Great Danes we've fostered in the past...


We began fostering for the Great Dane Adoption Society (GDAS) in October 2004 with the overnight stay of Baxter - see the previous page "Danes and Us".

I had always intended to foster for between 10 and 15 years before having a dog of our own again and then gradually withdrawing from fostering activities. Although I desperately wanted to continue having dogs, taking on administrative responsibilities within the organisation in 2012 meant I was unexpectedly no longer able to. Although we've had an occasional overnight guest since, our last "proper" GDAS foster dog, Samson, went off to his new home in early October 2012.

Many people have asked why I enjoyed fostering and wasn't it difficult when the time came for a foster to go off to their new home. For me, fostering was a way of helping as many dogs as I was able to when they needed it most. And yes, it was sometimes very difficult waving goodbye but there was always the knowledge that "our" dog was off to a good new life in a home carefully chosen for them. There was also the anticipation and excitement of meeting our next guest in the following week or two!! Fostering really has been a wonderful experience and one I'll miss greatly. Just make sure you've dogs of your own for canine companionship if, for whatever reason, fostering suddenly ceases....


Just some of the dogs we've fostered between 2004 and 2012 are featured here. Scroll down to see the oldest ones....


The last Dane we fostered for the Great Dane Adoption Society...


Due to his owners illness and their inability to care for him any longer, S came to us for fostering on 14 September 2012. A lovely looking well-behaved dog, it didn't take long to find him a new home. He went there on 7 October 2012, settled in very quickly and is adored by his new owner.




Daisy Dane

A seven year old Fawn bitch, D came to the Great Dane Adoption Society for rehoming after a breakdown in the owner's relationship meant she could no longer be cared for by them.

We began fostering her on 18 May 2012 and she turned out to be an absolutely wonderful dog. She is very well-behaved around the house, exceptionally good natured and just loves loads of attention from people of all ages and is particularly gentle with children.

Daisy behaved impeccably outdoors too. She walks perfectly on the lead, preferring to be slightly behind rather than in front of you. Off-lead she tends not to stray too far away and generally returns when called, although it sometimes takes just a little longer if she's found a particularly interesting place to sniff...!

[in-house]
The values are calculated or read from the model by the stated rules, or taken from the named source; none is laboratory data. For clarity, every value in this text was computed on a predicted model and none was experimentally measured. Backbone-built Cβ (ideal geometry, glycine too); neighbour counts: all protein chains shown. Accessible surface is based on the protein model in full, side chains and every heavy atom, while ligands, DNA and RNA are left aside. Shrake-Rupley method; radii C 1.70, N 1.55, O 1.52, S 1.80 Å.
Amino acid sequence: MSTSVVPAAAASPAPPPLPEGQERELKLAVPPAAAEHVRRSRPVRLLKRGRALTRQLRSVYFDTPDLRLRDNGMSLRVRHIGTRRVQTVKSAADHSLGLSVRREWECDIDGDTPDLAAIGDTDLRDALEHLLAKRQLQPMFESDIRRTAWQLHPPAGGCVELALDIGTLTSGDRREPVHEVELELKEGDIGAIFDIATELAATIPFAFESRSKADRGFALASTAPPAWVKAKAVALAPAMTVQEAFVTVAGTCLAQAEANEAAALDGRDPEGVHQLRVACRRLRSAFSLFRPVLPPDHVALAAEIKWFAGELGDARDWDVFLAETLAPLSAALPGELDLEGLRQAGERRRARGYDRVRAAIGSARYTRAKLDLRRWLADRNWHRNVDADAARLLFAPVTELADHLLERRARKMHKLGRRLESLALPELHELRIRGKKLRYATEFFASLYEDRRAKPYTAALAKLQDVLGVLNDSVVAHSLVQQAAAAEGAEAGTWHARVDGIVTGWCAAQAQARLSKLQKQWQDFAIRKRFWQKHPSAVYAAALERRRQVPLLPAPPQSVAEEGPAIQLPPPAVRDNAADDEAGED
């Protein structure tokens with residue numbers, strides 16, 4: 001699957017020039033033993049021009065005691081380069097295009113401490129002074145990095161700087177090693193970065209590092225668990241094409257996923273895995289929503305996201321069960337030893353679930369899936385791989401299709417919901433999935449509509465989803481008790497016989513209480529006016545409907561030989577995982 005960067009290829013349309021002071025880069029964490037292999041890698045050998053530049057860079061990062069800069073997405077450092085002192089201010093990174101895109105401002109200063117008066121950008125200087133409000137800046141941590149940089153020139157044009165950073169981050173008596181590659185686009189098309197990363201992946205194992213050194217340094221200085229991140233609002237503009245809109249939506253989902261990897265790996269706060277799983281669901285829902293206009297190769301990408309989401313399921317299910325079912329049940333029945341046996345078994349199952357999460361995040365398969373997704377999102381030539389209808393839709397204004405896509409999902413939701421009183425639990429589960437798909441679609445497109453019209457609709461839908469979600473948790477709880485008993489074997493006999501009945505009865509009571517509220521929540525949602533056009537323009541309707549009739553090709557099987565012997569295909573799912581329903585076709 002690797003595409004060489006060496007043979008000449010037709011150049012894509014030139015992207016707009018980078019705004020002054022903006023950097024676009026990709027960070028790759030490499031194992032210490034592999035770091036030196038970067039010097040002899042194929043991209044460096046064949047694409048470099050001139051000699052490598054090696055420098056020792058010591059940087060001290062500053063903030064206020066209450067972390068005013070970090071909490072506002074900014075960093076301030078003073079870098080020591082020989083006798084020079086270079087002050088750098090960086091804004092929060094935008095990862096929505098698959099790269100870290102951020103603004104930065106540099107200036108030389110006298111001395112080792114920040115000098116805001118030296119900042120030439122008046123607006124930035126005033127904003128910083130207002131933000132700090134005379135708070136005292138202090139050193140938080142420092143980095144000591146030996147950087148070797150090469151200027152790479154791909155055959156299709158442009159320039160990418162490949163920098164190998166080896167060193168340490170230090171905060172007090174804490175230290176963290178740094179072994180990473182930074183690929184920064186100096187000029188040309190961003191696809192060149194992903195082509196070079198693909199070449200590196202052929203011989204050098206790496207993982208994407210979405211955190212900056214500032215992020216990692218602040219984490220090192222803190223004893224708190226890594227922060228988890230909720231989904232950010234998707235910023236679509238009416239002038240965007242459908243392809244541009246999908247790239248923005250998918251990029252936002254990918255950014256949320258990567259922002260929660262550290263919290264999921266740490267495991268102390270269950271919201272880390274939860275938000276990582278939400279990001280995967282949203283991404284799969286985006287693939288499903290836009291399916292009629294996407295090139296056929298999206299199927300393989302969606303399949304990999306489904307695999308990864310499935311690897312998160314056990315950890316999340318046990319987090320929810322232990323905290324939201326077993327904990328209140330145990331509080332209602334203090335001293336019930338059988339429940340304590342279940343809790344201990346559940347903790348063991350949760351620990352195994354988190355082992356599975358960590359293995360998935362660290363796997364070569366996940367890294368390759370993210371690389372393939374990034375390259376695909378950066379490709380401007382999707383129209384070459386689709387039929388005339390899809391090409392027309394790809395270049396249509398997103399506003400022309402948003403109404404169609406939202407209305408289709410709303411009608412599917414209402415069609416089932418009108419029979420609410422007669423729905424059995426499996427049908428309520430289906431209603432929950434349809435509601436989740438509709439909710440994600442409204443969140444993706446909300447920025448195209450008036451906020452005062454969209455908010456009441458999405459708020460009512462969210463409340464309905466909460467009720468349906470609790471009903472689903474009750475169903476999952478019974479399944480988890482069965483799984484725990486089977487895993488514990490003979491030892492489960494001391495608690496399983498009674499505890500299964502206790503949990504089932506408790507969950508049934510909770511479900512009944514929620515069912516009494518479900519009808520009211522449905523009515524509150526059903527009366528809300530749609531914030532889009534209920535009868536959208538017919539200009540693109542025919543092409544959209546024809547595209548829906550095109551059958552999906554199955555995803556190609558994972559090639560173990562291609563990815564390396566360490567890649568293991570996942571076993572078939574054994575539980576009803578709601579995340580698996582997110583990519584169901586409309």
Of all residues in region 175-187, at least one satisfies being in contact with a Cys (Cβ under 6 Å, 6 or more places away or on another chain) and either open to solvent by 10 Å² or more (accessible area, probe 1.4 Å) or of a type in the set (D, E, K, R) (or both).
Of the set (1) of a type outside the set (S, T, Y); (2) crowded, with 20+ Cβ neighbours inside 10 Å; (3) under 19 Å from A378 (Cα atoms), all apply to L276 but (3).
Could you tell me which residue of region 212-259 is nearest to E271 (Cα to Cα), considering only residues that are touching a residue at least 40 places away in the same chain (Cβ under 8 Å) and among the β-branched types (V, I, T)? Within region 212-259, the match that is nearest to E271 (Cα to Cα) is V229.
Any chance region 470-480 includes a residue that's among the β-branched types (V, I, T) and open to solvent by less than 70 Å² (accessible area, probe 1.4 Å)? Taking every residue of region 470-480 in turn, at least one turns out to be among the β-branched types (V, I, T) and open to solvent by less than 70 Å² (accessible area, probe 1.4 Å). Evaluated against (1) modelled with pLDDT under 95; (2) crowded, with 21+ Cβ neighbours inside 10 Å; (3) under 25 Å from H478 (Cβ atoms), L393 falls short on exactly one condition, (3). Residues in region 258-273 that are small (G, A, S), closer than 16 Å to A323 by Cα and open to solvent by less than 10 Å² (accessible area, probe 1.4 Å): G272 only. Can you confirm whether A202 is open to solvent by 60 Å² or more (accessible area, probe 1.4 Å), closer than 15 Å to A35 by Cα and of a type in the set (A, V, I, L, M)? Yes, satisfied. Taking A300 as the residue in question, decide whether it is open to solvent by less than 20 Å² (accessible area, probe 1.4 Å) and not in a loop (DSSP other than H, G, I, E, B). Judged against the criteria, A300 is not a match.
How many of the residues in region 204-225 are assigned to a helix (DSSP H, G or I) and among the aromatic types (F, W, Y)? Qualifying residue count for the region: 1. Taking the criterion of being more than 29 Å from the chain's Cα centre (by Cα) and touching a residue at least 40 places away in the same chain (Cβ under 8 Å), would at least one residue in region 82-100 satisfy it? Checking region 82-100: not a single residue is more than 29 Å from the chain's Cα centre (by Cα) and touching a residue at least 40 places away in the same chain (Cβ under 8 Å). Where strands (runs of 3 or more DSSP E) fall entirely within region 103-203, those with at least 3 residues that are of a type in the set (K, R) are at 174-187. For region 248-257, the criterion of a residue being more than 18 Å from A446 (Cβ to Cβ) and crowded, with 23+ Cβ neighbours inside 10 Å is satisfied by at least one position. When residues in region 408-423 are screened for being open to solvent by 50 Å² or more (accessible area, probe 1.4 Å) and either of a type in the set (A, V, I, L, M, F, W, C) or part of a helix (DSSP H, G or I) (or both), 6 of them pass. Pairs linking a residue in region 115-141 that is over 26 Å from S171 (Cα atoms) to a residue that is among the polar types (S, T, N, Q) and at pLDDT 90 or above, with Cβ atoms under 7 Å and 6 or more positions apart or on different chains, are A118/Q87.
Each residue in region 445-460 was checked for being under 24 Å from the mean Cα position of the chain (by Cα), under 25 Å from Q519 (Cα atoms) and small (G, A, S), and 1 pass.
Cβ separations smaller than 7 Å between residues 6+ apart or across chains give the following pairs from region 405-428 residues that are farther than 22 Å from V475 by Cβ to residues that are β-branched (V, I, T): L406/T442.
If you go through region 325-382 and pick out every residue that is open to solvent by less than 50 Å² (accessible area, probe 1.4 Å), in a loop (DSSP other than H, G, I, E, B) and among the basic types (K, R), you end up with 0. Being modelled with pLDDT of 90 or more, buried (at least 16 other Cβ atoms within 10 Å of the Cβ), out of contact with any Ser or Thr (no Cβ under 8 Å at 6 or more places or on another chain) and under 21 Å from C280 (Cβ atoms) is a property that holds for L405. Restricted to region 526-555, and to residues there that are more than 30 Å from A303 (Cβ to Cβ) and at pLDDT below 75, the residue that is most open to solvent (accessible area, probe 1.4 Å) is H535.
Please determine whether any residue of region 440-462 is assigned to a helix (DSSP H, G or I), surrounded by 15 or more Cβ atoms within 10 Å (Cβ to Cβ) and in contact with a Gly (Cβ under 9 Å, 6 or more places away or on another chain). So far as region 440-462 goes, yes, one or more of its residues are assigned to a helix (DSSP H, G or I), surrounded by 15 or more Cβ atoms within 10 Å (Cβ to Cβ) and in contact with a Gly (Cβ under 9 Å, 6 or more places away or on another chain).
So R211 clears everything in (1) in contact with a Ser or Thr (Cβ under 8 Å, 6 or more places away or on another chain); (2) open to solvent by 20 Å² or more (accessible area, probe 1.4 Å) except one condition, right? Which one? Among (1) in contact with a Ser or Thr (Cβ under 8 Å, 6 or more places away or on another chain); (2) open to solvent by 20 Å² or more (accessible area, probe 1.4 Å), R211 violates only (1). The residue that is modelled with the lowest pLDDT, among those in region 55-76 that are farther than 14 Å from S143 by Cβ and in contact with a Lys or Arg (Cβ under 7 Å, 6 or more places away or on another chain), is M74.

Daisy went off on Sunday, 22 July 2012 to an exciting new life with a lovely family in Yorkshire.

Princess was saved from death by the Great Dane Adoption Society as she was going to be killed by her breeder because of a deformed foot and came to us on 5 November 2011.

Princess certainly doesn't allow a slightly deformed foot to interfere with her playtime, neither does it prevent her running enthusiastically around the garden. She's happy to go on fairly long walks by Bulldog standards (as opposed to Great Dane standards..!) Happy to meet strangers both human and canine, all are treated to a very friendly and enthusiastic greeting.

At just over a year old, Princess is still a young Bulldog with a lot to learn. She needs a knowledgeable family, ideally with another dog or dogs, who will give her the time and attention she needs. They will be rewarded with a companion who is keen to spend time playing and having fun, but who will be equally happy for some time stetching out alongside you on the sofa!

Fortunately Joy at the GDAS found such a family and on 29 January 2012, Princess left us to live in Devon with a wonderful couple, their young son and Basset Hound.





B, aged 7 years, came to the GDAS in early 2011 and in need of a new home.

He was one of our shorter fosters, coming to to us on 2 September 2011 and going to his new home with a lovely couple on the East Coast of England exactly a month later on 2 October 2011


A is a French Great Dane who came with her owners to live in England some years ago. Unfortunately, early in 2011 they found themselves unable to keep her any longer and asked the Great Dane Adoption Society to find her a new and permanent home.

Avane came to us for fostering on 13 May 2011 and went off to her new home on 14 August 2011.

Although it's not polite to talk about a lady's weight, it's fair to say Avane was a bit on the, ahem, "well-built" side....! Unfortunately we didn't manage to slim her down much while she was with us. I swear that dog could gain weight just by breathing fresh air!!